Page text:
I have become increasingly concerned about the current debate over the direction and future of higher education in the state. Texas has worked over many decades to earn a reputation for quality that is helping us attract world-class teachers and students to our universities. The businesses that seemingly flood into our state, helping create jobs and buoy our economy during a time of a national recession, do not just come here for the tax incentives and pro-business climate we have engendered. They come to Texas - many to Austin - for the human capital that germinates around our world-class teaching and research institution, and the subsequent innovation, research and development and industry it generates.
Historically, the members of the Board of Regents have been champions of the system's flagship campus in Austin. Yes, challenging the institution to be more effective and efficient, and addressing issues of concern, but also praising its leaders and their efforts, and supporting them publicly when unfairly criticized. However, some of the most recent regents selected by the governor have worked to dilute, undermine and even attack the mission that they swore to protect.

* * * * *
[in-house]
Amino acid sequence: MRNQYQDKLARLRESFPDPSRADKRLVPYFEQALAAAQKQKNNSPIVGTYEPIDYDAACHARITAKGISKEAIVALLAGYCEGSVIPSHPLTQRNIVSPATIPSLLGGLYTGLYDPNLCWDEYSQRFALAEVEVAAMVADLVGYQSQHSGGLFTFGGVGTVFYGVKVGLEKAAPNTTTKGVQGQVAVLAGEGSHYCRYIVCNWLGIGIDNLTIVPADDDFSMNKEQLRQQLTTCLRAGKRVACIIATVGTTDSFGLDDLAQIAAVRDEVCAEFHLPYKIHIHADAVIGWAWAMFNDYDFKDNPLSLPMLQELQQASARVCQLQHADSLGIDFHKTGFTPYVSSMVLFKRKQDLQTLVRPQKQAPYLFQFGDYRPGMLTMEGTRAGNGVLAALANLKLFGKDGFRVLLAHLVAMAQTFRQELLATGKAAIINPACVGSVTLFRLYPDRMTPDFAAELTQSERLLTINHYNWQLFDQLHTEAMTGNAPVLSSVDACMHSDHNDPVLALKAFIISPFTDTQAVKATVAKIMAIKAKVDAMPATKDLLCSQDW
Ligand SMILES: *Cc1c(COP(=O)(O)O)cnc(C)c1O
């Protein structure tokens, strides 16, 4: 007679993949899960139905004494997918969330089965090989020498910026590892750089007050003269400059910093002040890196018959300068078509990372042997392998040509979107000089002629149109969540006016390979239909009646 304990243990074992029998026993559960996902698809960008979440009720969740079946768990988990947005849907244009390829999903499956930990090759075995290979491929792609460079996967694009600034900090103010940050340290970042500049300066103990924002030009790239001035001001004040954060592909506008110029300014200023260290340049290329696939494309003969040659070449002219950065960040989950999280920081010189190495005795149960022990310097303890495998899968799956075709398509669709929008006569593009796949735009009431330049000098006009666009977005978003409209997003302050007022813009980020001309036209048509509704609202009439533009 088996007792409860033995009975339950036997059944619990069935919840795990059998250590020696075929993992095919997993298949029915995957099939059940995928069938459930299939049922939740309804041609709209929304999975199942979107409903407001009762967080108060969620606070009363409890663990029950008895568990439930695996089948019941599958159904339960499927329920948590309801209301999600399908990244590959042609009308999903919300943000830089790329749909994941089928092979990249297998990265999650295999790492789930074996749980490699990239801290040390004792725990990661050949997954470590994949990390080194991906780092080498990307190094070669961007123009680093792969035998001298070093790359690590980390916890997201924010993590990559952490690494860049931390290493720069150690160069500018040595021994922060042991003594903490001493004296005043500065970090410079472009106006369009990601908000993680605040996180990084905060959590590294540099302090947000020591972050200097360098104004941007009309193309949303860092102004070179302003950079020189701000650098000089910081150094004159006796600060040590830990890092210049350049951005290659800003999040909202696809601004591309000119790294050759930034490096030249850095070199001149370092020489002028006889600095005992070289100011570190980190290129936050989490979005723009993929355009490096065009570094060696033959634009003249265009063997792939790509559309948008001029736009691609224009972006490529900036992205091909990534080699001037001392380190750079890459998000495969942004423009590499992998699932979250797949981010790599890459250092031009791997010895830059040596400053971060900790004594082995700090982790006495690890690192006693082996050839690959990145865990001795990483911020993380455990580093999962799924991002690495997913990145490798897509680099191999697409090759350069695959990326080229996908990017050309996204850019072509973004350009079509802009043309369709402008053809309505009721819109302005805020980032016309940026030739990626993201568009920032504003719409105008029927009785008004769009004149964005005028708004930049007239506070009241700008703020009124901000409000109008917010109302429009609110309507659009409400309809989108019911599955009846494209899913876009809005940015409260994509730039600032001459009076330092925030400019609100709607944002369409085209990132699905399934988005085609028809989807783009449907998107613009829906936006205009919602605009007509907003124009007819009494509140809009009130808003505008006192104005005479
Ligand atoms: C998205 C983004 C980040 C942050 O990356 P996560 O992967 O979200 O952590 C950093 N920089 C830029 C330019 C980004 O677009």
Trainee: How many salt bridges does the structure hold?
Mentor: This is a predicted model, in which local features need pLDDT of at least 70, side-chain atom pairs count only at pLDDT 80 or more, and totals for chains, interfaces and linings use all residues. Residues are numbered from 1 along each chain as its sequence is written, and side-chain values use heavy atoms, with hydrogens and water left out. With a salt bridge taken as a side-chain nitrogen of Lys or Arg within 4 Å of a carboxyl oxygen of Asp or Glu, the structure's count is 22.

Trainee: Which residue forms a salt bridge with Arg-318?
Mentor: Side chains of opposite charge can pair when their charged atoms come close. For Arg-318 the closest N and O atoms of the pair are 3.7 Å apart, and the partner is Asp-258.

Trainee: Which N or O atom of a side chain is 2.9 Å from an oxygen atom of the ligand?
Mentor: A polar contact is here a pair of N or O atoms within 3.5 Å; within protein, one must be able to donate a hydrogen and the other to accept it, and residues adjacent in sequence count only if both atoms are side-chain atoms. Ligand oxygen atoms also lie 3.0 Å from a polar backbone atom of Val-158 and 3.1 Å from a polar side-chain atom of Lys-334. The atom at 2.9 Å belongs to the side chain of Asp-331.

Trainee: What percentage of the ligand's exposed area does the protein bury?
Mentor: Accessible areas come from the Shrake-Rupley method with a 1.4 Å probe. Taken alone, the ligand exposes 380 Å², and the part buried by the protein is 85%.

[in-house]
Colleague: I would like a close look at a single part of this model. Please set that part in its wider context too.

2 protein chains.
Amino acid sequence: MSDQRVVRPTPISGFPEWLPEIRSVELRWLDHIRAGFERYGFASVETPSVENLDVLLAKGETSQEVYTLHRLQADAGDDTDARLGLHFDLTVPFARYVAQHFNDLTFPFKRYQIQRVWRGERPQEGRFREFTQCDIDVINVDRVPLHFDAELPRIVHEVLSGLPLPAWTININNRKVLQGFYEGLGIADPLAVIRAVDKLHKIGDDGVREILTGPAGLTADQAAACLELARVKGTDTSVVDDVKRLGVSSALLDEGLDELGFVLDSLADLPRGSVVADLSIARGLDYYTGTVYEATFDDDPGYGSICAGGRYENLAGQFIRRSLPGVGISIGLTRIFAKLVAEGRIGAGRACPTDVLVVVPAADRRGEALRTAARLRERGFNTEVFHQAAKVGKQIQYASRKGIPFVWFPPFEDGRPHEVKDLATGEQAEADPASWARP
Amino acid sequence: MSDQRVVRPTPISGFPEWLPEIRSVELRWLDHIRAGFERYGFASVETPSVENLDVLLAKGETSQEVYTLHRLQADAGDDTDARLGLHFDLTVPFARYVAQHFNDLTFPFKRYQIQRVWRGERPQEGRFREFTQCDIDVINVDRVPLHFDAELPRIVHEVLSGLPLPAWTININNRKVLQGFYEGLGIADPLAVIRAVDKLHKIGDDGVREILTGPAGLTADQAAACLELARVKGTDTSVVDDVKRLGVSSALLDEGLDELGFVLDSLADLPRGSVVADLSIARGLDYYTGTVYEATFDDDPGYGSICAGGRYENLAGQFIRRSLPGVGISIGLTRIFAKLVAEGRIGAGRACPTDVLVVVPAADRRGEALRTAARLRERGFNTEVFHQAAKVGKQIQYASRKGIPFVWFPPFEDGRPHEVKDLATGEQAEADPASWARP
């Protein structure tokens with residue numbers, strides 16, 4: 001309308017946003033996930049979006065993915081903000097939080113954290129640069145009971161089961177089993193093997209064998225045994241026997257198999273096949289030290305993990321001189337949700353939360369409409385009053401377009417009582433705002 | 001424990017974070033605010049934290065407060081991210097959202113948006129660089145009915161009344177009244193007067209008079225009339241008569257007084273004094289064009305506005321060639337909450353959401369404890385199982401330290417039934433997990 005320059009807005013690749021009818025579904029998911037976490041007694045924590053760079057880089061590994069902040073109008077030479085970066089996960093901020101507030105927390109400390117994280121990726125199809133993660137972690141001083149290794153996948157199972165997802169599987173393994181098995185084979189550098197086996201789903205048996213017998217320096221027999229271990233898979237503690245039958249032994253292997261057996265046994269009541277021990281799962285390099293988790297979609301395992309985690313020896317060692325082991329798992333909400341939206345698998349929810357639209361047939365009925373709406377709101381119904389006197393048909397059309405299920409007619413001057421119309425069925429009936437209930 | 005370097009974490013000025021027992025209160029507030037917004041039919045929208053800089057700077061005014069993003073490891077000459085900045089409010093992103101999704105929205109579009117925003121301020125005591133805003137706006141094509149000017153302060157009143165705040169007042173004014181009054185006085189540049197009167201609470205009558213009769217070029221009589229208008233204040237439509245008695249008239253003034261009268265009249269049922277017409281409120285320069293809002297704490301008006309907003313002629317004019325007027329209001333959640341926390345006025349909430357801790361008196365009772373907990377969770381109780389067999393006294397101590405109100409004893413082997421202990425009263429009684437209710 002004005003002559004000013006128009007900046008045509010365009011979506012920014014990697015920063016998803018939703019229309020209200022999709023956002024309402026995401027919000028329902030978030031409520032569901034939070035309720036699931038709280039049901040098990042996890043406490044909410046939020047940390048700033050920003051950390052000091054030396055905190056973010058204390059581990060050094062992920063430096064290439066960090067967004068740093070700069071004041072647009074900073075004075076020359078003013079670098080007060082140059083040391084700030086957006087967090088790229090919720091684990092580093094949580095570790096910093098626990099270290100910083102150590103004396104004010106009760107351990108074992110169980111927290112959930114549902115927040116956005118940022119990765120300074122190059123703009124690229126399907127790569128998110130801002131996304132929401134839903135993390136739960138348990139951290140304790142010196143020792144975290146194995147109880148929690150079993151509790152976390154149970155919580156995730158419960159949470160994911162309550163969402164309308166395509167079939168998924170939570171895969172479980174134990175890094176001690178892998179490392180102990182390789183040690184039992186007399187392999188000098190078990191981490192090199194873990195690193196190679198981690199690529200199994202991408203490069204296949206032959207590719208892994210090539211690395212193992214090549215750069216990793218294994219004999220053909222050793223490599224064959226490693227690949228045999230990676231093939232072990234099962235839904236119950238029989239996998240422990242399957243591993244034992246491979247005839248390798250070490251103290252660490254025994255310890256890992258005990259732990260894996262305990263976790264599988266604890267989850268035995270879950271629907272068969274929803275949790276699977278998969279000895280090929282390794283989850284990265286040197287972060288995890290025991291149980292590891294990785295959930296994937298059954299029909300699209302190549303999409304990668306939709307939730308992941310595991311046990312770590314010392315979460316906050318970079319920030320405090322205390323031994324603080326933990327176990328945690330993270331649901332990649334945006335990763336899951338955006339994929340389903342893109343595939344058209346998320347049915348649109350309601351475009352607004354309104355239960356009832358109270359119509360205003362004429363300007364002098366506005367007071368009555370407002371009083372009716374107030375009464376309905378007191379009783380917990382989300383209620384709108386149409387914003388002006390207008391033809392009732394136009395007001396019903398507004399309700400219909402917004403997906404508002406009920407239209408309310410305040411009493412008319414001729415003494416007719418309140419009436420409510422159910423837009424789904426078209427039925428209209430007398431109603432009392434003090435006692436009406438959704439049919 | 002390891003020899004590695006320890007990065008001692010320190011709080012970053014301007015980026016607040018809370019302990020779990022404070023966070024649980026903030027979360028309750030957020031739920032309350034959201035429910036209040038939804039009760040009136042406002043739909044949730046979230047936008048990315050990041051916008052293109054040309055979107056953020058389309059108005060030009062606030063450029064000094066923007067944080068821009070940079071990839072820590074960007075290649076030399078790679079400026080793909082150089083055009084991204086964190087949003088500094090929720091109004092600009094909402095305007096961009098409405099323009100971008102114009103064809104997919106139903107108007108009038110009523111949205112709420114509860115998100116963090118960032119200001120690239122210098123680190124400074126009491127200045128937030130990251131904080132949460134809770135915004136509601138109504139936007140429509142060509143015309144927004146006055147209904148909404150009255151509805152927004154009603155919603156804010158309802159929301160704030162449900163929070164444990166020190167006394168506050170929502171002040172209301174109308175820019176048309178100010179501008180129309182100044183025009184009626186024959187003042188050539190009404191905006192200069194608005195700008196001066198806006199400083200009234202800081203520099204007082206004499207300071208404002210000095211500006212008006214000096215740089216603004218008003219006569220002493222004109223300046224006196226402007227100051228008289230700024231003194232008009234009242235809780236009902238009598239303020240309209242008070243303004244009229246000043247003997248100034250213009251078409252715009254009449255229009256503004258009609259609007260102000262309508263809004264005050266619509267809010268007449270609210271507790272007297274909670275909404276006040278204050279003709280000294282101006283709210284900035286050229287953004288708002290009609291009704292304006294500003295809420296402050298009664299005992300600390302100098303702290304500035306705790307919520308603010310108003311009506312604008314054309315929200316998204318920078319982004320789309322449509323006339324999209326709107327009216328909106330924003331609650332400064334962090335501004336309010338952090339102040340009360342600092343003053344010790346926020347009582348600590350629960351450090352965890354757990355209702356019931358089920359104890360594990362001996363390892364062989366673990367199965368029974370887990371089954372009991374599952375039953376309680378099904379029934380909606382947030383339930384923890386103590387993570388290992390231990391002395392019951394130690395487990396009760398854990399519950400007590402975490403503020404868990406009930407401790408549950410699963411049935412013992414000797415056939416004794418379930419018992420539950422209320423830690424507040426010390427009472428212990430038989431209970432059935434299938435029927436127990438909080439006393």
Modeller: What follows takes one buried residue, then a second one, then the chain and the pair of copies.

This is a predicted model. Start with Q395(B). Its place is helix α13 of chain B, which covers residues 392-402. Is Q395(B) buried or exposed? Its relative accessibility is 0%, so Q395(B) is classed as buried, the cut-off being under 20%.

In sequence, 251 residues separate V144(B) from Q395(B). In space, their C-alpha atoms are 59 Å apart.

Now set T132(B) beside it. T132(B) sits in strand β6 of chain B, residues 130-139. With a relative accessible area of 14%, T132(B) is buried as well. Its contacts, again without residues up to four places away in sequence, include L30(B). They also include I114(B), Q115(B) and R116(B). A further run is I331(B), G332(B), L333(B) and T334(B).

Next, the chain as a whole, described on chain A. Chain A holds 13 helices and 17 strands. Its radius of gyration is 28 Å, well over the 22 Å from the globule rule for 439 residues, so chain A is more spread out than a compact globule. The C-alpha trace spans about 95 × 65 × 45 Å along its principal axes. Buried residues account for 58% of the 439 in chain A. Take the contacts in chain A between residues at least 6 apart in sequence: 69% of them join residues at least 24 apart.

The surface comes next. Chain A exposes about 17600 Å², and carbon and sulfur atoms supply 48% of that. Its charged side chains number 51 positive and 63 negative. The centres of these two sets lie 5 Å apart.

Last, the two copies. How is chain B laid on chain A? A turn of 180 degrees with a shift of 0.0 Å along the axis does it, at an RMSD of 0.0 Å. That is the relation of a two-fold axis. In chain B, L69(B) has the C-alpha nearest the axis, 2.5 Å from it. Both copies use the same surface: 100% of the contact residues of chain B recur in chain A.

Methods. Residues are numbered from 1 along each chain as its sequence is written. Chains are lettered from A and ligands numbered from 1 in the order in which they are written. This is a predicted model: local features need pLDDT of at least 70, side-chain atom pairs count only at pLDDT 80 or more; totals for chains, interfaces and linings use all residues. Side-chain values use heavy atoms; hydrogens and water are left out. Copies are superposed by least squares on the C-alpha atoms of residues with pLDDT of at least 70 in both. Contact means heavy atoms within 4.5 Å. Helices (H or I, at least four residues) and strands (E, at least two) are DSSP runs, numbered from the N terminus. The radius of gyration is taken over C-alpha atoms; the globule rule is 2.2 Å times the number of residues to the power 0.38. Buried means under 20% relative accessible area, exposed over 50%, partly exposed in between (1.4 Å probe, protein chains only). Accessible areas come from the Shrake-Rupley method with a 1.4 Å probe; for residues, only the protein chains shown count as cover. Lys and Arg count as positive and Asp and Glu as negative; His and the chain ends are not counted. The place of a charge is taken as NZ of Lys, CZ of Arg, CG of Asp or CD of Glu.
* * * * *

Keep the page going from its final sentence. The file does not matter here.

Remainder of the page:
In fact, Brenda Pejovich, a current member of the UT System Board of Regents is also a board member of the Texas Public Policy Foundation, a privately funded interest group with a record of criticizing UT-Austin and recommending reforms that would undermine the quality of the institution, repel talented faculty and researchers, and have a chilling effect on critically-needed philanthropy - philanthropy that is increasingly crucial as state funding continues to shrink.
The terms of 17 regents of Texas public university systems expired last week. Three of those members are from the University of Texas System. In its handbook for public university systems, the American Association of Governing Boards provides a number of "hallmarks" for effective boards, cultivated over years of experience. For example, an effective board:
* Understands and respects the vital difference between governing and managing;
* Always balances the institution's interests and welfare, with the needs and priorities of the state;
* Nurtures and enhances the legacy of the institution;
* Balances advocacy and oversight.
It is my hope that when the governor makes his appointments, he will chose individuals who reflect these important hallmarks and who commit to strengthening and supporting our institutions - not tearing them down.